Censorship occurs in Italy in various media. The constitution of Italy, however, specifically states that the freedom of the press is sacrosanct and may not be controlled; however in practice this is not always the case.
A 2009 study by Freedom House (an American NGO which monitors press freedom) stated that Italy ranked the lowest in Europe with regard to press freedom and also well behind a number of Eastern European countries.
In recent years several sites on the internet have been regularly censored or removed completely from Italian access, notably file sharing sites such as Pirate Bay as well as sites showing child pornography.
Defamation is a crime in Italy and thus serves to promote censorship in 2 ways: by causing self-censoship from journalists who do not have the funds or support to fight possible lawsuits and by actually imprisoning journalists who write articles which are against the establishment or high ranking figures therein.
Recent Censorship Issues
- In June 2011 an edition of the British magazine, The Economist, entitled The man who screwed an entire Country with a 14 page article on Italy’s political and economic situation was held up at various airports "for inspection" and delayed in reaching subscribers and newsstands.
- In 2009 several mildly gay sexual scenes from Brokeback Mountain were removed before broadcast on state television; this was criticised heavily by the LGBT movement.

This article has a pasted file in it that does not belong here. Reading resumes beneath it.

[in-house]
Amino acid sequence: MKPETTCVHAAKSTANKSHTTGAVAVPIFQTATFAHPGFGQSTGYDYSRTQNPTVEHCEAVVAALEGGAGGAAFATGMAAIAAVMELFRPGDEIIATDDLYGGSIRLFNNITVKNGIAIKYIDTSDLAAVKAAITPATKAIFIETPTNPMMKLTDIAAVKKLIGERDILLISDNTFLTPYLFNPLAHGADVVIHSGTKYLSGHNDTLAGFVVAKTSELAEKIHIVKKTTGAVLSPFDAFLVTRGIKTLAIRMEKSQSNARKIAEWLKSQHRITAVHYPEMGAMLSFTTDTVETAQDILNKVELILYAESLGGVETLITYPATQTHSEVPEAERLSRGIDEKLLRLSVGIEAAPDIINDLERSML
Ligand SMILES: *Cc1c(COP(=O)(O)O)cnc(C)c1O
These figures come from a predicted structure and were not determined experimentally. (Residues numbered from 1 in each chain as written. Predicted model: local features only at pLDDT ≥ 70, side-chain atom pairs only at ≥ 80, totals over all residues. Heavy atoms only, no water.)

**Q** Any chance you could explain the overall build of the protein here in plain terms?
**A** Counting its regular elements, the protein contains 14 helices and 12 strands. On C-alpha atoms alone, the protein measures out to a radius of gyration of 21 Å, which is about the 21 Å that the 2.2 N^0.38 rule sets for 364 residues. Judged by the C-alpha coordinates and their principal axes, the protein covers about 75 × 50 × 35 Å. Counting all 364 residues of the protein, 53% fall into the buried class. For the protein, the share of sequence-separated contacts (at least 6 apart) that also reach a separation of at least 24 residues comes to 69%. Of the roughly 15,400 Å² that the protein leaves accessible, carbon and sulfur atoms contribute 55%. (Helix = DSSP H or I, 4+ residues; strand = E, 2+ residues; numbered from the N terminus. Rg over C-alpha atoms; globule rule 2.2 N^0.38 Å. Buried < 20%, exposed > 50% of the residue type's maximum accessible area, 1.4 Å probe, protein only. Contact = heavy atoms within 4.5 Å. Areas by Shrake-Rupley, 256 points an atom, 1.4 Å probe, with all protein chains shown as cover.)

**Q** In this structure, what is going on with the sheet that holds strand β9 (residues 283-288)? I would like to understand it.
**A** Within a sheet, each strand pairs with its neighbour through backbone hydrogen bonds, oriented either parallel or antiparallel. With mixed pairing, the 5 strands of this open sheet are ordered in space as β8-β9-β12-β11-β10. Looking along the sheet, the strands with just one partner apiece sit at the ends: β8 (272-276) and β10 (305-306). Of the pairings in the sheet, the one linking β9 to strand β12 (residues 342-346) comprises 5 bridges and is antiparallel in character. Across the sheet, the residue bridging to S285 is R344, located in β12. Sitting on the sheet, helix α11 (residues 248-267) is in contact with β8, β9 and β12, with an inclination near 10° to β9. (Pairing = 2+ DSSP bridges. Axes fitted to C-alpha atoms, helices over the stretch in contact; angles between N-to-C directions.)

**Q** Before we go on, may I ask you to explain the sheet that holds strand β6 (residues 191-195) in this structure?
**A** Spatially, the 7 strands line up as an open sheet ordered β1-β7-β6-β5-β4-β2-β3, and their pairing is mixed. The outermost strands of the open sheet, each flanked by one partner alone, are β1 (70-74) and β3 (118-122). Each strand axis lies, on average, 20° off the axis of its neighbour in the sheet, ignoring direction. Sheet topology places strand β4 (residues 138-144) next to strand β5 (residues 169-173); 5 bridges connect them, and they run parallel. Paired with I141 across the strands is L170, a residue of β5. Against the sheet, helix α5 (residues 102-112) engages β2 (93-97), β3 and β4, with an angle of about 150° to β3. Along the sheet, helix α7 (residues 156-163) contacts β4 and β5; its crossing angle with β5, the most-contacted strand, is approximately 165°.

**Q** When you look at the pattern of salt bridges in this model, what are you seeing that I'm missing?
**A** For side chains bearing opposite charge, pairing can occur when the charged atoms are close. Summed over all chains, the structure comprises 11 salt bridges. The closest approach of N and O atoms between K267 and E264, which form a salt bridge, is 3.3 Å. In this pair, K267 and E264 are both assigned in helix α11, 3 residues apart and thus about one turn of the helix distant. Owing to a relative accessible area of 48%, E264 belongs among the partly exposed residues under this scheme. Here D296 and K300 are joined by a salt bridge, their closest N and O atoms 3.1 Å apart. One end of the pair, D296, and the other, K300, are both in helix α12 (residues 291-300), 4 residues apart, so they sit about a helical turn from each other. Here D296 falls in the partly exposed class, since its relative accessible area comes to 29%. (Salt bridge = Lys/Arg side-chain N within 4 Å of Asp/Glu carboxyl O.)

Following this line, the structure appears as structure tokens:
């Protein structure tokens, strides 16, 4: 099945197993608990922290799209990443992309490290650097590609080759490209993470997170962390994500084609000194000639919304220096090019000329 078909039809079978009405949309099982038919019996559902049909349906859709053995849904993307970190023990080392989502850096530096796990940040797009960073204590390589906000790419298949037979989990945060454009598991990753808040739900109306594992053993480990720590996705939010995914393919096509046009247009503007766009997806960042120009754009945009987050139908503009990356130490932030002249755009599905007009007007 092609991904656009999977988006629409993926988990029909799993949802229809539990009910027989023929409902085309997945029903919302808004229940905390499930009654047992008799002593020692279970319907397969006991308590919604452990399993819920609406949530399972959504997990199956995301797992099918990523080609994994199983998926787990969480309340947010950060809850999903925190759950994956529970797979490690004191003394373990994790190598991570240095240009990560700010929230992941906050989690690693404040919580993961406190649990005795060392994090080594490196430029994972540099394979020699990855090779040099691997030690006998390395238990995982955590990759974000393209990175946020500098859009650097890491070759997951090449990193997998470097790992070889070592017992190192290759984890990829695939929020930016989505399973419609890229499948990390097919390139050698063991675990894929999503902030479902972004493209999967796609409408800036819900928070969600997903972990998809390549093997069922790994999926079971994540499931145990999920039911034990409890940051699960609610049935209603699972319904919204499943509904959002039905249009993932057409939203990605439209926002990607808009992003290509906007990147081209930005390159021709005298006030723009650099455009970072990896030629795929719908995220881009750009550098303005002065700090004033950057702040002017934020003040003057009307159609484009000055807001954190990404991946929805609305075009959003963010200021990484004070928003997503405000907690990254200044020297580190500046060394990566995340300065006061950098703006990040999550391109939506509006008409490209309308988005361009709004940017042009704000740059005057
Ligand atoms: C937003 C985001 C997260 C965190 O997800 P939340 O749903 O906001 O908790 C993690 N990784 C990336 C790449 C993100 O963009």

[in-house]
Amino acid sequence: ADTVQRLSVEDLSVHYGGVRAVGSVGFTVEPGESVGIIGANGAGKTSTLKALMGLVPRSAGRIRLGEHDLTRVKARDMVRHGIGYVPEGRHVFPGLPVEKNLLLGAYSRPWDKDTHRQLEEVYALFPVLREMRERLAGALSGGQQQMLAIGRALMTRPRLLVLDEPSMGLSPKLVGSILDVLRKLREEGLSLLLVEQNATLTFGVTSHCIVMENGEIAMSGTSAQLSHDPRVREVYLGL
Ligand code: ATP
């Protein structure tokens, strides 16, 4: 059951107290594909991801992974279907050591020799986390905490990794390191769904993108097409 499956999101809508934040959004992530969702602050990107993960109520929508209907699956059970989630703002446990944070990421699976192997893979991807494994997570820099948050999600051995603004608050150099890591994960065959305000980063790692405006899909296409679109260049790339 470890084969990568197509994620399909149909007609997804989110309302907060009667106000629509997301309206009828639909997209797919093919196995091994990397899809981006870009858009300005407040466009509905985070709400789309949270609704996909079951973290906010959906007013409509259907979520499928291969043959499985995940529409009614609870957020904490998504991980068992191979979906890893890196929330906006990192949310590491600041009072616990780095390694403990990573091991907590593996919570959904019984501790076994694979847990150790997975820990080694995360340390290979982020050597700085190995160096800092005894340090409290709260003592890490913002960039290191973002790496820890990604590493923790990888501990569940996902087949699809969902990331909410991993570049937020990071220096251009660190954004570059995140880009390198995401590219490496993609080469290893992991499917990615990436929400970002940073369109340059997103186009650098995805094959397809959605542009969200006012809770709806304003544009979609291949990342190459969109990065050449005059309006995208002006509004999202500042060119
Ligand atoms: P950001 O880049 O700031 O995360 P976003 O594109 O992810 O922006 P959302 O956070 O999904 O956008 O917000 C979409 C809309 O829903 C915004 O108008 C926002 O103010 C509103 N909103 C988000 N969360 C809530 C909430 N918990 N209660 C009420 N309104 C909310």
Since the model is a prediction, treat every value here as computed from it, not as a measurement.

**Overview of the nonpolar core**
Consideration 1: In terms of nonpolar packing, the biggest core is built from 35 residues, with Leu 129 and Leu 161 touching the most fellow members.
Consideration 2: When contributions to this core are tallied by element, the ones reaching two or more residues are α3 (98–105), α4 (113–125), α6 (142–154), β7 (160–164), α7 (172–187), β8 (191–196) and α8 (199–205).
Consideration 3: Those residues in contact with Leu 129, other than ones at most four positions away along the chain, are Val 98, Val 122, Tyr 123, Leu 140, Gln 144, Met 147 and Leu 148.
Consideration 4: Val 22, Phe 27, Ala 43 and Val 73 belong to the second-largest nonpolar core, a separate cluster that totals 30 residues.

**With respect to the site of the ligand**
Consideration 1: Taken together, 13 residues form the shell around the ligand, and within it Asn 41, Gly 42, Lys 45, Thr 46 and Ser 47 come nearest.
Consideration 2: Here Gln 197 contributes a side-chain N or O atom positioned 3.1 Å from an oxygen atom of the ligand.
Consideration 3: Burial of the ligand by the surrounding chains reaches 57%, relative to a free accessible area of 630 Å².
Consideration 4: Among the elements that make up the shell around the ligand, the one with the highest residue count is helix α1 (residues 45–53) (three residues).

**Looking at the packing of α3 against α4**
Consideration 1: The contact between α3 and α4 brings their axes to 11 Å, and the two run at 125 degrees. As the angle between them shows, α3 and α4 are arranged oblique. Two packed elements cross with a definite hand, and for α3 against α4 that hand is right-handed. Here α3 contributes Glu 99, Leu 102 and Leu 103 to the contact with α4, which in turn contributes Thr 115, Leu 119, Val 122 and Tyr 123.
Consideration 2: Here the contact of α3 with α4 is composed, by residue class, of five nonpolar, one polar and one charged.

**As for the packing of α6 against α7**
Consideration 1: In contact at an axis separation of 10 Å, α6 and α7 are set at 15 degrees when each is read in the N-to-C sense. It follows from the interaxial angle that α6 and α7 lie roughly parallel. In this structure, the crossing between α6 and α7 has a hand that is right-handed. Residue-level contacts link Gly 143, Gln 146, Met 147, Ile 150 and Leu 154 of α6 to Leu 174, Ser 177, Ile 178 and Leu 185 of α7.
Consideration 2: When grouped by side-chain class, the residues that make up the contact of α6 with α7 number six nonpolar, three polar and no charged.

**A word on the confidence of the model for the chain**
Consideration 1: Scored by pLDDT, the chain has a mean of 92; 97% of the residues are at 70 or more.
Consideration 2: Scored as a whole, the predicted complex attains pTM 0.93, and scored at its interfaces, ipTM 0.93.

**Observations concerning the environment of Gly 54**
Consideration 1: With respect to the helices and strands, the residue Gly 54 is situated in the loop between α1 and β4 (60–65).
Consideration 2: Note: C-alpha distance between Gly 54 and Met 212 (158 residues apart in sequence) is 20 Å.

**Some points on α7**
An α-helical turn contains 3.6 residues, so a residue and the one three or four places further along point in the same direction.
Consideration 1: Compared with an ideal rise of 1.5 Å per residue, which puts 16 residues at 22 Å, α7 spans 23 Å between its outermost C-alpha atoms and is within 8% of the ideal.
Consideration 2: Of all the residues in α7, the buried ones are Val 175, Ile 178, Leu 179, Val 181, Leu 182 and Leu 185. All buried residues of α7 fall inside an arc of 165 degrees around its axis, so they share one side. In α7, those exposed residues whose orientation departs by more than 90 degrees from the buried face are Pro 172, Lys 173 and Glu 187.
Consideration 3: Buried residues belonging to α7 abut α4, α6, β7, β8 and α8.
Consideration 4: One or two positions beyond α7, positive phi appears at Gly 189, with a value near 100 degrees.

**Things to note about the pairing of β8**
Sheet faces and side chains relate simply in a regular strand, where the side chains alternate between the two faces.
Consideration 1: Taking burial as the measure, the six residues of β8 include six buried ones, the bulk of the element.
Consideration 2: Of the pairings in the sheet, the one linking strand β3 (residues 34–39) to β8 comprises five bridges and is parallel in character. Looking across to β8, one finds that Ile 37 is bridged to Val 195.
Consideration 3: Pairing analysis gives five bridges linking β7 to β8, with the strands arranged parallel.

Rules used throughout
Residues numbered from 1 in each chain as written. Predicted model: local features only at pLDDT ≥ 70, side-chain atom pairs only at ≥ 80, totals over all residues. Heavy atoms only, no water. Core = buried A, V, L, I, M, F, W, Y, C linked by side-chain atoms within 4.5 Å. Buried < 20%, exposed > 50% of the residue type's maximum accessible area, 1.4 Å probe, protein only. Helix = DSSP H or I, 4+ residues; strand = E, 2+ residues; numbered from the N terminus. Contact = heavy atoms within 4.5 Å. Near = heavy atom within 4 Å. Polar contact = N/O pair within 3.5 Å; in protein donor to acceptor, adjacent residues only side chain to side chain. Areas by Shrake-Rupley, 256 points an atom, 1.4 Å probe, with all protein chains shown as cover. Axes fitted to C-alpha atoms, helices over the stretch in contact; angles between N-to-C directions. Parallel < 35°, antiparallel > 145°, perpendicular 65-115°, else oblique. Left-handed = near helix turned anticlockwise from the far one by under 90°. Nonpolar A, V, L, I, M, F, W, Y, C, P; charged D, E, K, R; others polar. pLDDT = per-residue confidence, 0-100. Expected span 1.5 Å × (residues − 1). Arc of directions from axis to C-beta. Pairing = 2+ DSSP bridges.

- In 2006 an edition of L'iene which showed drug use in the Italian parliament was taken off the schedules.
- In 1974 the Eurovision Song Contest was censored as the Italian entry was deemed too politically sensitive at a time when the country was engaged in heated debate for a forthcoming referendum on divorce.
Television in Italy is regarded as overtly political and programmes often receive criticism or censorship for their behaviour. Indirect censorship is common, for example the program Report had its funding cut so it could not longer report on politically sensitive issues. However, programmes have also been taken off-air for making fun of Berlusconi (and others).
During the Fascist Dictatorship censorship was rife and used to bolster the public image of fascism whilst at the same time suppressing any negative aspects of the regime. It was also tied in with the emergence of a police state whereby files were kept on all citizens showing their political leanings, activities and so on.
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